Guest essay by Eric Worrall
The United Nations has brokered a new international agreement which forces airlines to pay for “green” projects. By 2035, the UN expects the deal will siphon $24 billion / annum from the pockets of air travellers.
Aviation pact on global warming wins go-ahead
Airlines back UN accord to offset emissions growth by funding green projects.
Delegates from nearly 200 nations approved the accord at the UN’s International Civil Aviation Organisation in Montreal in a step the agency’s head, Fang Liu, described as a “historic first”.
One of the countries that helped push the Paris deal over the line was Canada, where the centre-left government of prime minister Justin Trudeau announced a carbon-pricing plan on Monday that could lead to a tax of C$50 a tonne by 2022.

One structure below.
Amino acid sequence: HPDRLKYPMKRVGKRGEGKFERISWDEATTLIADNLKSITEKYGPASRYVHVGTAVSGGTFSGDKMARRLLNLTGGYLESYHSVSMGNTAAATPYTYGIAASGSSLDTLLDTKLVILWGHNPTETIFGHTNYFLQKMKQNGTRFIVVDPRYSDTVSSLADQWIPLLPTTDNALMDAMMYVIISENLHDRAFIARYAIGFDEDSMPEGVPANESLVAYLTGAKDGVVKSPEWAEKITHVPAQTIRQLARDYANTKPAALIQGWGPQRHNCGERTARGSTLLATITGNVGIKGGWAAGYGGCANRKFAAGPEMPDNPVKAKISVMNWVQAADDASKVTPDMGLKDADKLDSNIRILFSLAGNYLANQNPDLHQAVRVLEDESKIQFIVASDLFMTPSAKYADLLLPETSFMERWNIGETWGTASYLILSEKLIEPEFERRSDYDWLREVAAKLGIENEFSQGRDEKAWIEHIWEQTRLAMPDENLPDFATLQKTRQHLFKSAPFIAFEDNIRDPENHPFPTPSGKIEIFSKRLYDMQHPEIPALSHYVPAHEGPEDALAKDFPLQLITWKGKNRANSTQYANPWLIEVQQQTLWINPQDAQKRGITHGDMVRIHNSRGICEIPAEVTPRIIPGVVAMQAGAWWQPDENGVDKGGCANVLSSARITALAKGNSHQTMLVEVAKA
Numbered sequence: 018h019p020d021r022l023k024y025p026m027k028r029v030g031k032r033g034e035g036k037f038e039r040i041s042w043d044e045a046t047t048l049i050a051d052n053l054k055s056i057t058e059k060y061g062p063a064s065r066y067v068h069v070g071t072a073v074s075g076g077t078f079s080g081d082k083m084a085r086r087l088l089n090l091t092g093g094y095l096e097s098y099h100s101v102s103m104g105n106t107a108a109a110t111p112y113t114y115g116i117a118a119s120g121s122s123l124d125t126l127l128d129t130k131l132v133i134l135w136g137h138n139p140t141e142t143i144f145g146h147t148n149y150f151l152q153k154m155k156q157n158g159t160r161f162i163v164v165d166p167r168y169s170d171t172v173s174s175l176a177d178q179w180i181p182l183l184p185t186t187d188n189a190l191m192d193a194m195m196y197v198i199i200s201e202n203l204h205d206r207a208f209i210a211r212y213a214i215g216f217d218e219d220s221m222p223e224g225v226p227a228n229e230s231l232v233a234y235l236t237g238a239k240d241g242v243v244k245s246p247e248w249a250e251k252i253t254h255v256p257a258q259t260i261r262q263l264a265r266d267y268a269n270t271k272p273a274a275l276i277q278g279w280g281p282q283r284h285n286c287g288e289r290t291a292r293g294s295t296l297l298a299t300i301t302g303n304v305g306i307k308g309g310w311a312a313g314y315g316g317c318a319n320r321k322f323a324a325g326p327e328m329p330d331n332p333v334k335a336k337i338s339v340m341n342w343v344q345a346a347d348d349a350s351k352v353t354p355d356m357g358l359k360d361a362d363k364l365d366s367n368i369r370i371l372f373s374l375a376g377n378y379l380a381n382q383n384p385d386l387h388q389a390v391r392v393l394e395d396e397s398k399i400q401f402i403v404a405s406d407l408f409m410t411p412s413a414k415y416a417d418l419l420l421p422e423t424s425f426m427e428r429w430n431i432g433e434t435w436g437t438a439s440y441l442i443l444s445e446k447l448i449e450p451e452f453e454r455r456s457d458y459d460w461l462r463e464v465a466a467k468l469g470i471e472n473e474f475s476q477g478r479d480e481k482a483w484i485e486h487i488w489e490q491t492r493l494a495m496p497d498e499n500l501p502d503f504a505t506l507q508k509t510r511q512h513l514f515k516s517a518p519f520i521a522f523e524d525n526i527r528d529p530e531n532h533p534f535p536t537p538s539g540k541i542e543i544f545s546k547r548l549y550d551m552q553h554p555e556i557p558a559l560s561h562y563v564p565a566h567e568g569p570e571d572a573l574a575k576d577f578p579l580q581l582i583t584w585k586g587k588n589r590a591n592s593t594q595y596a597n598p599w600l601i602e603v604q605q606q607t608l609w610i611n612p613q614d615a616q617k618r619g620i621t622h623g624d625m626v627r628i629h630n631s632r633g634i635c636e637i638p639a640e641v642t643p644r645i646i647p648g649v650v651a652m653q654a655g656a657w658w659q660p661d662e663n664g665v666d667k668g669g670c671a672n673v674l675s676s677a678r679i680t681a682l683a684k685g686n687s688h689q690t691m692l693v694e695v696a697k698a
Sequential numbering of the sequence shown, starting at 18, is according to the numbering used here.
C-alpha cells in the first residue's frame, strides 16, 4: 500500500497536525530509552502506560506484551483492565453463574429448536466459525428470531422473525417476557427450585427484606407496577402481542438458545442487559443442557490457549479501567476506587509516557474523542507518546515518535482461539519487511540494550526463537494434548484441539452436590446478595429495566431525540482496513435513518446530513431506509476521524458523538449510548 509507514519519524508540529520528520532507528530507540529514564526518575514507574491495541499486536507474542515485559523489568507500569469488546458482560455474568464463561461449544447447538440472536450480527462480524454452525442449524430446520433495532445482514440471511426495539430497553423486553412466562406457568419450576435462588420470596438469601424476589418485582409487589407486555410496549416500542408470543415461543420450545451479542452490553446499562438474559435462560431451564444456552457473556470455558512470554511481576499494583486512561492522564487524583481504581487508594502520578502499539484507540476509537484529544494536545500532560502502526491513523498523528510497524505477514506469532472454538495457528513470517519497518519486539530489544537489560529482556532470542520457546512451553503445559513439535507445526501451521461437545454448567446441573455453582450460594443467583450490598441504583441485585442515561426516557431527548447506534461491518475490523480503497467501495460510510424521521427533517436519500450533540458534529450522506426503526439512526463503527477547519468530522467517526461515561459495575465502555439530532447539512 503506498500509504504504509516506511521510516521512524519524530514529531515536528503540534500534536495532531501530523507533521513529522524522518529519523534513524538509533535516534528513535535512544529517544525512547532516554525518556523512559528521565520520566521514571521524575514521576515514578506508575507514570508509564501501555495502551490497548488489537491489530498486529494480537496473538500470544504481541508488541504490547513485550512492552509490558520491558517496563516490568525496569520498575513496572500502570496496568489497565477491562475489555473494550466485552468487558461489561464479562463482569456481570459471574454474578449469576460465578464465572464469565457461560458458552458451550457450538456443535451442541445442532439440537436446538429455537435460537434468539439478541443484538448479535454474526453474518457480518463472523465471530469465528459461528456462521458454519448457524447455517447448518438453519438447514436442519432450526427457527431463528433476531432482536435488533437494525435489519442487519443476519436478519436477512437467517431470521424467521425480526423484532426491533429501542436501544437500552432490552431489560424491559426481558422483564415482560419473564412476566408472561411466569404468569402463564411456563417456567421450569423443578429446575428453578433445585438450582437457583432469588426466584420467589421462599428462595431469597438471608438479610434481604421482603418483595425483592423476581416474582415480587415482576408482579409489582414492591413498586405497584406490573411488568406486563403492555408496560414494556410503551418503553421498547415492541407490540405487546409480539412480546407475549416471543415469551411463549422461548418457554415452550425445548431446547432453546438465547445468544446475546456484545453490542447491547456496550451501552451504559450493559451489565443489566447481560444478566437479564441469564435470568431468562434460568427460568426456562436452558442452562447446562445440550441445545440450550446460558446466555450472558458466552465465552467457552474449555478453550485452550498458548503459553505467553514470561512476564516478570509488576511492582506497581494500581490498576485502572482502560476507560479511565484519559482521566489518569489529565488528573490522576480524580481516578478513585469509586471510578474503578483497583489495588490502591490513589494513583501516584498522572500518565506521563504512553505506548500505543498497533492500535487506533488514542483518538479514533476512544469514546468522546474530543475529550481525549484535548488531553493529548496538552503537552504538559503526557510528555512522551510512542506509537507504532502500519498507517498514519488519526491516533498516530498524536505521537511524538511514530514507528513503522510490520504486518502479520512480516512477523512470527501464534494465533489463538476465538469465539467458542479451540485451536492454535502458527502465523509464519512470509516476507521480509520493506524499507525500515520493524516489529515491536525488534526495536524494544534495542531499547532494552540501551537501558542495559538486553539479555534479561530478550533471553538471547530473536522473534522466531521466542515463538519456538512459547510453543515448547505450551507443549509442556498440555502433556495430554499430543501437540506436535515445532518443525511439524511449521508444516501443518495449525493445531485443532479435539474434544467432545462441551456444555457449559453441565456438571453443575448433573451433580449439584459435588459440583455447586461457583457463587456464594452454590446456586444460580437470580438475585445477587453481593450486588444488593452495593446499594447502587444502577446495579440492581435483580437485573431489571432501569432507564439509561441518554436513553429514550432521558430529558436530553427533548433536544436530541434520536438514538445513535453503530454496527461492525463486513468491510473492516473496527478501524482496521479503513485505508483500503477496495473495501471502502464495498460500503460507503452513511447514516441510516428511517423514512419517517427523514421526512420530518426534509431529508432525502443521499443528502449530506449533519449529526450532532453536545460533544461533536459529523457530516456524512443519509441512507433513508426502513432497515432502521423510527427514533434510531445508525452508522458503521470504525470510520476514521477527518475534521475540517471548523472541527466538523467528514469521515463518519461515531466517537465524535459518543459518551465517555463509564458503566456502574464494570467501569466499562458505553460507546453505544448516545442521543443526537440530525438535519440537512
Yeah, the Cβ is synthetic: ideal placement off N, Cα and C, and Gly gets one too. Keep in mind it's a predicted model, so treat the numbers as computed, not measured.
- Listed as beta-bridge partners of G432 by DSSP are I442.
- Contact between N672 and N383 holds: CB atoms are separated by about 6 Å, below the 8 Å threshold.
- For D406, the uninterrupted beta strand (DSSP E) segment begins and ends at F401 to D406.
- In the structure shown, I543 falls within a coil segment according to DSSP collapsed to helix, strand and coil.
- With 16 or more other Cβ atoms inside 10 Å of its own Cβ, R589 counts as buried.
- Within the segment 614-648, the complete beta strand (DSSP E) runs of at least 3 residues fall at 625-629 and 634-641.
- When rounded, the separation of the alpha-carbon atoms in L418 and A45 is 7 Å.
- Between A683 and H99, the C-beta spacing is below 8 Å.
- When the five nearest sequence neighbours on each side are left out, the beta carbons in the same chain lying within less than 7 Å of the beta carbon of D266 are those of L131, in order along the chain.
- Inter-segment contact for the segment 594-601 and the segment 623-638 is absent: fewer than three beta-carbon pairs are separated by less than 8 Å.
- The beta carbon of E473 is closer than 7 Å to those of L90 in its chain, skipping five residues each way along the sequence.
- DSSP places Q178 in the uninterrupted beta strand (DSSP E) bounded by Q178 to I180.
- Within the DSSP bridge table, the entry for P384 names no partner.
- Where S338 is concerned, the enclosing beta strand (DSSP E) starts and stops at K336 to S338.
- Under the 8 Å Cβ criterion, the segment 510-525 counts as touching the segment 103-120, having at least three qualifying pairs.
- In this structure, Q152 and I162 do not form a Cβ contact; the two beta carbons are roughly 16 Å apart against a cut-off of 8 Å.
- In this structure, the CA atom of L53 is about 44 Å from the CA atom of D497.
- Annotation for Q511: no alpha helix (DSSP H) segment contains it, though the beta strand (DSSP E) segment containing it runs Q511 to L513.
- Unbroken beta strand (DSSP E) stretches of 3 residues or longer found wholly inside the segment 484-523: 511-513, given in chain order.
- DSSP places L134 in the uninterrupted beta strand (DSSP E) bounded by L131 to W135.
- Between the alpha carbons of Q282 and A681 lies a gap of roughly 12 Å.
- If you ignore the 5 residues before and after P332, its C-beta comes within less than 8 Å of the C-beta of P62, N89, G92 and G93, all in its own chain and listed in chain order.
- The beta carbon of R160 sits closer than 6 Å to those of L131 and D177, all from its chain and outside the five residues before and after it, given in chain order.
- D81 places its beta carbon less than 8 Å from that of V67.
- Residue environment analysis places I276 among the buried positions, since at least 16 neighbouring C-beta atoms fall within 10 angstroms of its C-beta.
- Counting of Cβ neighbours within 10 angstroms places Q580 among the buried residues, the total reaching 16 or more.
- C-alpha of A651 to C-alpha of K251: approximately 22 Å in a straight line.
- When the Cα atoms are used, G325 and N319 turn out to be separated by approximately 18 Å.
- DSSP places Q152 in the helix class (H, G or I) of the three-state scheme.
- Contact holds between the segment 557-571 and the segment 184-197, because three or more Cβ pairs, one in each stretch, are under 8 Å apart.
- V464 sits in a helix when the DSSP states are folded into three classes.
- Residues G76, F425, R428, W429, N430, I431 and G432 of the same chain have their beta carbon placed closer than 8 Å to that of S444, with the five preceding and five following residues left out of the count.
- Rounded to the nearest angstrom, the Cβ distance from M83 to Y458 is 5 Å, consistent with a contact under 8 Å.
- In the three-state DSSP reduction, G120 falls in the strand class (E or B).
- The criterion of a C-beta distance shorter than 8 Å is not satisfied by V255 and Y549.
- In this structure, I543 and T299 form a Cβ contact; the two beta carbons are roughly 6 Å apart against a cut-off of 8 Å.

Instead of facing a patchwork of measures worldwide, airlines have backed a plan that will see them offset their emissions growth by funding projects that cut carbon pollution, such as wind farms or solar-power plants.
The scheme will be phased in over several years from the early 2020s and cost the aviation industry as much as $24bn by 2035, according to estimates from the UN agency.
The FT article makes a big deal of how airlines supported the new scheme. It might seem counterintuitive that airlines would support a new tax on their operations, but in the wake of the botched European attempt in 2012 to unilaterally introduce an aviation carbon trading scheme, the mishandling of which saw some airlines operating at a cost disadvantage against their competitors, it is understandable that airlines would support a level playing field, and a measure of protection against some of the more unpredictable green world leaders.
In any case, airlines won’t lose much if any money because of this new tax – they will simply pass the extra cost on to their customers.